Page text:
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Reflecting on his life: The miracle of Aaron Morris

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Reflecting on his life: The miracle of Aaron Morris

Martin and Sandra Morris hold a copy of the now-defunct Manteca News that featured a story of their son, Aaron Morris, after his heart-surgery at Children’s Hospital of Oakland when he was four yea...

ROSE ALBANO RISSO/The Bulletin


POSTED June 1, 2013 2:19 a.m.

Aaron Morris had every reason to not enjoy life. Every reason to be bitter about his lot. Every excuse to feel sorry for himself. A string of legitimate and justifiable excuses to avoid getting a job.

He was born with severely clubbed feet. His arms and legs were “unusually” short. One kidney was malfunctioning. And his heart was riddled with holes.

Specialists at the Oakland Children’s Hospital and the University of California, Los Angeles concluded that the blond and blue-eyed baby with a happy disposition was, at that time, the only known case in medical history and diagnosed it as “disproportionate short stature syndrome.”

At age 4, he was barely half the size of his younger sister, Patricia.

“He had all kinds of problems. Doctors said he was born that way because of recessive genes,” said his parents Aaron and Sandra Morris whose son passed away on May 14 at age 34. Memorial services will be held on Saturday, June 8, at the Jehovah’s Witness Kingdom Hall on the northwest corner of South Manteca Road and West Ripon Road starting at 2 p.m.

Surgical intervention helped fix his clubbed feet. To further help the healing, he had to wear corrective shoes with the right foot wearing the left shoe and vice versa.

Less than a month before his fourth birthday, he had an open-heart surgery at the Oakland Children’s Hospital to fix the congenital heart problem.

Ten years ago, he underwent a kidney transplant. Years before that, kidney dialysis was a regular routine.

At the hospital after his heart operation and subsequent check-ups, the playful young boy with “incredibly long lashes” has charmed the medical staff as well as the Oakland California Highway Patrol department who presented him a special CHP hat and shirt. From the hospital staff, Aaron received an E.T. doll with a neck brace bearing his hospital identification and the name of his doctor, Dr. Hagashino. The doll later became “his favorite friend.”

Barely three weeks after his open-heart surgery, he was back home in Manteca entertaining family and friends. He would balance himself on a small bench made especially for him and then slowly lowered himself to the floor, his tiny short legs spread apart, imitating a ballerina split. At that young age, he became a fan of the camera. Every time he spotted one aimed at him, he would strike a pose by putting one hand on the hip and the other hand splayed playfully behind his head while throwing his other hip off to one side.

Hospital and doctor’s visits became a regular part of his life. But that did not deter Aaron from living as normal a life as possible.

He went to Sequoia Elementary School. Later, he attended Lincoln Elementary where he finished his eighth grade. He continued his education and graduated at Manteca High where he was enrolled in the special education program. Among his parents’ treasures are his prom and graduation portraits.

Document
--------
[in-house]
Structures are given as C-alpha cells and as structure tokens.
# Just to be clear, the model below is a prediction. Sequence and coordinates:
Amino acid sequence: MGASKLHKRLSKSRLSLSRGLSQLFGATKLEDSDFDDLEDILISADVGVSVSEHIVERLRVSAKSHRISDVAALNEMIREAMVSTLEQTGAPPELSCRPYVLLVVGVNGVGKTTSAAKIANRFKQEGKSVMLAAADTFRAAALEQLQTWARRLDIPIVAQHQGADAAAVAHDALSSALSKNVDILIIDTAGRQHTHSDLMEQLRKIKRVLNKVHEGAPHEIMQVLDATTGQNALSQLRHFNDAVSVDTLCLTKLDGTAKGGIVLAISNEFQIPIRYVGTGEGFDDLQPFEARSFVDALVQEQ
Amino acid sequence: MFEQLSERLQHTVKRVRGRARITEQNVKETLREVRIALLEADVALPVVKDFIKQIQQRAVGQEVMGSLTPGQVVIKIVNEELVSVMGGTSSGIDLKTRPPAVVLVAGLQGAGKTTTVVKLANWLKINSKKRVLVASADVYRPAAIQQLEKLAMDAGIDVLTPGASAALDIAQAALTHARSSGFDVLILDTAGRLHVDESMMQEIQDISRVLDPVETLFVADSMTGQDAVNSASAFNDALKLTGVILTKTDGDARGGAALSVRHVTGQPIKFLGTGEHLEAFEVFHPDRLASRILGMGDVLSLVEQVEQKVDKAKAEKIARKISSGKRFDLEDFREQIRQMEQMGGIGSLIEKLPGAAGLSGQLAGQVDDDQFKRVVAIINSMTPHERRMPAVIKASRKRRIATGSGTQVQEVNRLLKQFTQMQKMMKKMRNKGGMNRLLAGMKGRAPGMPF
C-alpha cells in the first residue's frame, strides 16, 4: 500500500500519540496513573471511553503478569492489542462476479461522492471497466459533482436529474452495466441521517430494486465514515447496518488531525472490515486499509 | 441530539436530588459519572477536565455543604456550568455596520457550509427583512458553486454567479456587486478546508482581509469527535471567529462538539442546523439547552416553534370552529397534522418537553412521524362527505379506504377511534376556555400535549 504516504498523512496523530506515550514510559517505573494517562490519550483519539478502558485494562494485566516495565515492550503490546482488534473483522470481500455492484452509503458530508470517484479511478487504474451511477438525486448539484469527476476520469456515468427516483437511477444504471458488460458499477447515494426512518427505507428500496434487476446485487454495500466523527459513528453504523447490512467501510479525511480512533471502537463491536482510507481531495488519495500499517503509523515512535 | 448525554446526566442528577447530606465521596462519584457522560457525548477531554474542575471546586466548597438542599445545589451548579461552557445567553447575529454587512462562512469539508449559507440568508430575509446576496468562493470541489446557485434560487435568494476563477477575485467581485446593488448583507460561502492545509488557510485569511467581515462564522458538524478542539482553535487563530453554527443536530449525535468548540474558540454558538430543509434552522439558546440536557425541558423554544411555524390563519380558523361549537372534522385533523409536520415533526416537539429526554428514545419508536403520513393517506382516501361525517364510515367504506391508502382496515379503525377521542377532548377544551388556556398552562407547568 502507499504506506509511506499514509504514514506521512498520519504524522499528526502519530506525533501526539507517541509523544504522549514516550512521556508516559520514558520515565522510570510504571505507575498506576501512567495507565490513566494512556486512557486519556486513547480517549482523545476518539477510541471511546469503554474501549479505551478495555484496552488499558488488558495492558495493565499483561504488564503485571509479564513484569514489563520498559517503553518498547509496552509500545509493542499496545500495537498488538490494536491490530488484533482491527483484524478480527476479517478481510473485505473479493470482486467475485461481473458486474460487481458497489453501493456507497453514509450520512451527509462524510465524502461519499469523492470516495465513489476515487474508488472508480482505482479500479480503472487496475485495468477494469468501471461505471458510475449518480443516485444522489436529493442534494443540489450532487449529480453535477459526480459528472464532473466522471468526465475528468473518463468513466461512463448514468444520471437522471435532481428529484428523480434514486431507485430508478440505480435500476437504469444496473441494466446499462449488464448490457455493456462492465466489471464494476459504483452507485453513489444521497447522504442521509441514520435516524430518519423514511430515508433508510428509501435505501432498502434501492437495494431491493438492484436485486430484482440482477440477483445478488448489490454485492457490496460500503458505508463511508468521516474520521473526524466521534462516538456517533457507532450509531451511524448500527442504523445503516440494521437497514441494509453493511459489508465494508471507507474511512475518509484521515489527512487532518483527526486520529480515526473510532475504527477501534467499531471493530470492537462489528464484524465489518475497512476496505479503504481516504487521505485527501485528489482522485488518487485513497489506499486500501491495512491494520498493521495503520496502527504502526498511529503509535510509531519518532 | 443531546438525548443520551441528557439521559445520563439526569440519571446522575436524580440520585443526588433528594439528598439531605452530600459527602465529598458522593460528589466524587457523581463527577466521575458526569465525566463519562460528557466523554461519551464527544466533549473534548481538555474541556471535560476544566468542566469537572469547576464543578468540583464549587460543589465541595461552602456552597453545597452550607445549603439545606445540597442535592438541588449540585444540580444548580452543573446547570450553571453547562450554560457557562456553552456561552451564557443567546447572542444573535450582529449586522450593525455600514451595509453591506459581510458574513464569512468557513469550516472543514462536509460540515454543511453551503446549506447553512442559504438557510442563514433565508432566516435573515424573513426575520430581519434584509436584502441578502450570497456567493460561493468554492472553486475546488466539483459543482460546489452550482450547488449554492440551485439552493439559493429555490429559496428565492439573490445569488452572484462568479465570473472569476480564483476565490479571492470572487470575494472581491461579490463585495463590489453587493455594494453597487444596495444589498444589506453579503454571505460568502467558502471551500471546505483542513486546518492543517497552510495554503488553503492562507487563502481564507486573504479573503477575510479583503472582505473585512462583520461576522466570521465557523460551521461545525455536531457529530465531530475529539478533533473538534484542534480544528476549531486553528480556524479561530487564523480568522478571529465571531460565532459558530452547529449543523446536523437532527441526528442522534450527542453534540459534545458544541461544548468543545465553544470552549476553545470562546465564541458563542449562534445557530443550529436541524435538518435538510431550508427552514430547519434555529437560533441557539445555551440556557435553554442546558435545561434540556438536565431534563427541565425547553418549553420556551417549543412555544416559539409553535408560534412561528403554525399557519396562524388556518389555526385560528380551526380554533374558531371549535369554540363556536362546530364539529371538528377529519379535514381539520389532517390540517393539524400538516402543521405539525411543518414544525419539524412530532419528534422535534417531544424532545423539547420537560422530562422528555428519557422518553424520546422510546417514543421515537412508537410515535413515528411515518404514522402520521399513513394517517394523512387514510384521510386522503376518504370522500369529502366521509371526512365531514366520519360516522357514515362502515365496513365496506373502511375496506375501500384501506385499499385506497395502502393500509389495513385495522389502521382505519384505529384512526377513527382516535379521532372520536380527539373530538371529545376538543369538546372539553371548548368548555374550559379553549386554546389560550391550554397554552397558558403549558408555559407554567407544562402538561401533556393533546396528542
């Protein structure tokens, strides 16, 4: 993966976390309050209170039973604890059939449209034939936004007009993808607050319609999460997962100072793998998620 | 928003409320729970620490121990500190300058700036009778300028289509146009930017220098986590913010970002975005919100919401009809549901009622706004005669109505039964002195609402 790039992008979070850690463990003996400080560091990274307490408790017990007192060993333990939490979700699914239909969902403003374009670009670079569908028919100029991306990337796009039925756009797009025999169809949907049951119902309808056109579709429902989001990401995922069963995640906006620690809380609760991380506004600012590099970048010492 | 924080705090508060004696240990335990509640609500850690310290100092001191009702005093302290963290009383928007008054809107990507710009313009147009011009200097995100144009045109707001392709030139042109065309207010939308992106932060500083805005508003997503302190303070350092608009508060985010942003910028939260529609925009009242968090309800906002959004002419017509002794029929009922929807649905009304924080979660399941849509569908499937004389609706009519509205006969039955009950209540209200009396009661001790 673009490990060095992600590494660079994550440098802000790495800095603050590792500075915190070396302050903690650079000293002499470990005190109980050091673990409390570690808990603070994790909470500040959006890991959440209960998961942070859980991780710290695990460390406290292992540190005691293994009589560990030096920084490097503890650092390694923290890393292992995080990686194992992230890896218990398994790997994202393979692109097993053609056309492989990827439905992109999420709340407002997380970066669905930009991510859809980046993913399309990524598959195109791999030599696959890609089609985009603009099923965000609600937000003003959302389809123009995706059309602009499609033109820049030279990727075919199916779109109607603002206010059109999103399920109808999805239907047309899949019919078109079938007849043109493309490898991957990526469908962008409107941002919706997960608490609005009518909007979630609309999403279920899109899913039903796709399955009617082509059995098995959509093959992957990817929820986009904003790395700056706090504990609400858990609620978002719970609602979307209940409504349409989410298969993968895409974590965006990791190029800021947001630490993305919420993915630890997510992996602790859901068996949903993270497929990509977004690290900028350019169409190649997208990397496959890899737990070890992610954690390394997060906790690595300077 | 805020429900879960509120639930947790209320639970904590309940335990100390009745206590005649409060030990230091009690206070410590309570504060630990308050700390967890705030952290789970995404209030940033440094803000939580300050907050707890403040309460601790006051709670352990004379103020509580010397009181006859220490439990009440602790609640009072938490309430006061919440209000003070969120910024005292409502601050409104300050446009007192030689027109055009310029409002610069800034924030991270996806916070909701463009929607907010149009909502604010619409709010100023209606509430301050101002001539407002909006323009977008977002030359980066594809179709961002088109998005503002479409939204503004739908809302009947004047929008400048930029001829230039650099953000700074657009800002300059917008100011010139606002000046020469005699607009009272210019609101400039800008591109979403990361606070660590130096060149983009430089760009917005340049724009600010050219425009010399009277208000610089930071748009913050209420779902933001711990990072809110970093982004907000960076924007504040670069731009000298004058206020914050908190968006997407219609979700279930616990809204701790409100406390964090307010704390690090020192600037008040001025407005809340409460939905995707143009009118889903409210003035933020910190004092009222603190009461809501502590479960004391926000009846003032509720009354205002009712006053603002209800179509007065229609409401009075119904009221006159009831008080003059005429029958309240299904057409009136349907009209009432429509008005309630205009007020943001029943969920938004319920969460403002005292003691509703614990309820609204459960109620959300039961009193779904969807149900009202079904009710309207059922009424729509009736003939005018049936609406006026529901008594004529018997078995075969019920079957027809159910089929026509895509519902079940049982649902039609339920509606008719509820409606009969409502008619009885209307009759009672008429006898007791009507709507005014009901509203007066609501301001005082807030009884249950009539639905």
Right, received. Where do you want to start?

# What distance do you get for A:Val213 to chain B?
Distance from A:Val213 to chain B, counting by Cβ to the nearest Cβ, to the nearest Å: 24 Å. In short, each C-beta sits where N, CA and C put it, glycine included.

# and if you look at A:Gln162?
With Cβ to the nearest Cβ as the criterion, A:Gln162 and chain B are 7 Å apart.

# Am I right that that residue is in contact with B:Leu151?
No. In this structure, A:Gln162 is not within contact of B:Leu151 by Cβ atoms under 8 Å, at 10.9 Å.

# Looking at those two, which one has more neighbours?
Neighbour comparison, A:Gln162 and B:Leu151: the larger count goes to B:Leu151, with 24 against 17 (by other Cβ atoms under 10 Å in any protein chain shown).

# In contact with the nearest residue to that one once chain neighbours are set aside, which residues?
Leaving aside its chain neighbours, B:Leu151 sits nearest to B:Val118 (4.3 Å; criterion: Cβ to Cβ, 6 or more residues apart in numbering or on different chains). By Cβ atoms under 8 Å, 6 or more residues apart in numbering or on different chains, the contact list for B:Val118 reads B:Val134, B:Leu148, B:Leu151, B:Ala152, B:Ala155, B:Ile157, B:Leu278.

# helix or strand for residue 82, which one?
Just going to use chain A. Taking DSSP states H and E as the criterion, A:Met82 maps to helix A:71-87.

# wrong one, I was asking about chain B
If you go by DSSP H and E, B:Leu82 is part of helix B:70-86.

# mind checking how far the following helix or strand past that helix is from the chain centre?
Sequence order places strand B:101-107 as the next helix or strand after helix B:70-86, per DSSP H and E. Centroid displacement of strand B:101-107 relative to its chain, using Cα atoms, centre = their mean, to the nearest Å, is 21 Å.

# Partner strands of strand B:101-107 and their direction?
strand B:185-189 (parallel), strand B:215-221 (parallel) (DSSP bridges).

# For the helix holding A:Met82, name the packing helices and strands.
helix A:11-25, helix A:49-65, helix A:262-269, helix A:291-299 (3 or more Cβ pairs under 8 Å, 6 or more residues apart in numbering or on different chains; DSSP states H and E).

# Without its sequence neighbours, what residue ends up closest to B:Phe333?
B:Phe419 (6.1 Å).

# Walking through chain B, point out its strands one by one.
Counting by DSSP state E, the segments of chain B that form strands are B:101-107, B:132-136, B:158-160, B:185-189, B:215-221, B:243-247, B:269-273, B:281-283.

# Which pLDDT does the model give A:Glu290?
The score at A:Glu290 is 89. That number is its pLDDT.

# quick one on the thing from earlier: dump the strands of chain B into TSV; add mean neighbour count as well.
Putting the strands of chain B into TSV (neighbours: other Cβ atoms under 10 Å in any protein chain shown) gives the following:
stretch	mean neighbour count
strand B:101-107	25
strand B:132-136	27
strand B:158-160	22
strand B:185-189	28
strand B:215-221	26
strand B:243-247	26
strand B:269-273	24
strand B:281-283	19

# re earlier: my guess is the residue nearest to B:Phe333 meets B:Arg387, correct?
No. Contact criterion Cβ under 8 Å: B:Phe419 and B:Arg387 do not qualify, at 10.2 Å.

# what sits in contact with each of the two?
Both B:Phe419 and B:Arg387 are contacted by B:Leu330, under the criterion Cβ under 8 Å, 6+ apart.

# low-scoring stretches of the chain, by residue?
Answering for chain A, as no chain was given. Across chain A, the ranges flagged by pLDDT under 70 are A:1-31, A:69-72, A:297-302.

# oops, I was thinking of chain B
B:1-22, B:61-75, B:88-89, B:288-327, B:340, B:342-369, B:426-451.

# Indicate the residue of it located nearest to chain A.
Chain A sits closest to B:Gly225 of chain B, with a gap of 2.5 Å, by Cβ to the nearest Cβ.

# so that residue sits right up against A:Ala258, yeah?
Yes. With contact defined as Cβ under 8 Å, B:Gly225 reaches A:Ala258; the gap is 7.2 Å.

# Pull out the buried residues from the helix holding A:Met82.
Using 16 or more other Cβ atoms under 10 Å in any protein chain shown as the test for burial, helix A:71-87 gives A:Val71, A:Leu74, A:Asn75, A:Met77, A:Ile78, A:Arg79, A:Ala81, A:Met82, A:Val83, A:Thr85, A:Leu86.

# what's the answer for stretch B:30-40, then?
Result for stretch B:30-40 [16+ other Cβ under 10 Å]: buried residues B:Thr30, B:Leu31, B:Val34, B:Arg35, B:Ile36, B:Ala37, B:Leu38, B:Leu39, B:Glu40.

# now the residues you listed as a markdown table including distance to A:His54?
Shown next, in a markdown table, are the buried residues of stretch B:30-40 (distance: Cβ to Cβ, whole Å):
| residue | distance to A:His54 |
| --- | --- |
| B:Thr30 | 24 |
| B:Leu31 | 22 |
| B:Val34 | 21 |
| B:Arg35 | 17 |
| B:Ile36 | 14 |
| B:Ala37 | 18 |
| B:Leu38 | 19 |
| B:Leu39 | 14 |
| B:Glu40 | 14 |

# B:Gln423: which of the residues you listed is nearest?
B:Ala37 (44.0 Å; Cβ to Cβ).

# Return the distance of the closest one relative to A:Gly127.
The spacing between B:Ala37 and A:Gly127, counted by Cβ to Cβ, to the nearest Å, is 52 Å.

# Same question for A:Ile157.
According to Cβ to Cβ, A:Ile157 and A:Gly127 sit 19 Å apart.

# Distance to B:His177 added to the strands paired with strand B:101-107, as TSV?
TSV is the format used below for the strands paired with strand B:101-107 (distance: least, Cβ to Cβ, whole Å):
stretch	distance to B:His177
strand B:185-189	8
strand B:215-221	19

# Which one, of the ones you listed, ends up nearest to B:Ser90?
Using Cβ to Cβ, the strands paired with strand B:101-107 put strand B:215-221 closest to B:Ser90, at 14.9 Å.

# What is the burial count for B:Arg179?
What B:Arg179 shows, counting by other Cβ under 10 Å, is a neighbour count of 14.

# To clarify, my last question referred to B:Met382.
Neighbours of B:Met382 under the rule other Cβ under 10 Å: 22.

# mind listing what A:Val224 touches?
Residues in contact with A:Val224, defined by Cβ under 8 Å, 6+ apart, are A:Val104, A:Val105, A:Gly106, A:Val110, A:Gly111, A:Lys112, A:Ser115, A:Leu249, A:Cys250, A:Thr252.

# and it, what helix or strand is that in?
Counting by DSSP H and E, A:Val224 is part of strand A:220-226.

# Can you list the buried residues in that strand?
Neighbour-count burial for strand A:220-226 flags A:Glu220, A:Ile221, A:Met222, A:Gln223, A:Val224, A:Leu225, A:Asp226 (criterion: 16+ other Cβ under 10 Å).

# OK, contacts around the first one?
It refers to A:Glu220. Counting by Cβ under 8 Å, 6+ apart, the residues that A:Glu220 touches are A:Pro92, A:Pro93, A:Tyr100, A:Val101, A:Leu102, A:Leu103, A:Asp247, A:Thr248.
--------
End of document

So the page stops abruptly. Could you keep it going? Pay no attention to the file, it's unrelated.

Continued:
Despite his physical limitations, Aaron got his driver’s license and worked several jobs. He delivered newspapers for the now-defunct Manteca News and the Manteca Bulletin. While he worked for the Manteca News, the late Antone Raymus who owned the newspaper along with a friend set up a foundation to help with Aaron’s medical bills.

His parents have a number of funny stories relating to their son driving a car.  One day, while he was delivering pizza for Pizza Hut, one of the places where he worked, a police officer who was intrigued as to who was driving the car “because he was so small” and followed him all the way home, recalled his parents with amusement.

“He ended up being four-foot-three,” Martin Morris said.

Last year, he moved to Oklahoma to be closer to his girlfriend. While there he worked at a restaurant on a reservation, and at a General Dollar store.

“He was only there a short time but he left an impression on everybody. They all thought he was a great guy,” Martin said.

While in Oklahoma, his heart condition got worse and he decided to come home. He may also have been thinking about his health problems and his relationship with his girlfriend, Martin surmised.

The week after he came back home to Manteca, he was at Stanford Hospital.

In the last few months, Aaron was in and out of Stanford Medical Center where he underwent surgeries to his arteries. Then he was put on drip medication. When he felt he was nearing the end, he told hospital officials that he wanted to go home. A friend of the Morrises who is a registered nurse came to their home every Thursday to run the drip-medication process for Aaron.

In the end, “his heart just gave out. The doctors tried their best but his heart just didn’t work,” Martin said of his younger son. Older son Marty passed away three years ago. Their three daughters are among the survivors who include 16 grandchildren and 16 great-grandchildren. Aaron never married and did not have any child.

But even with all his health problems and physical shortcomings, “He never complained. He was a fighter his whole life. He fought to the bitter end,” Martin said.

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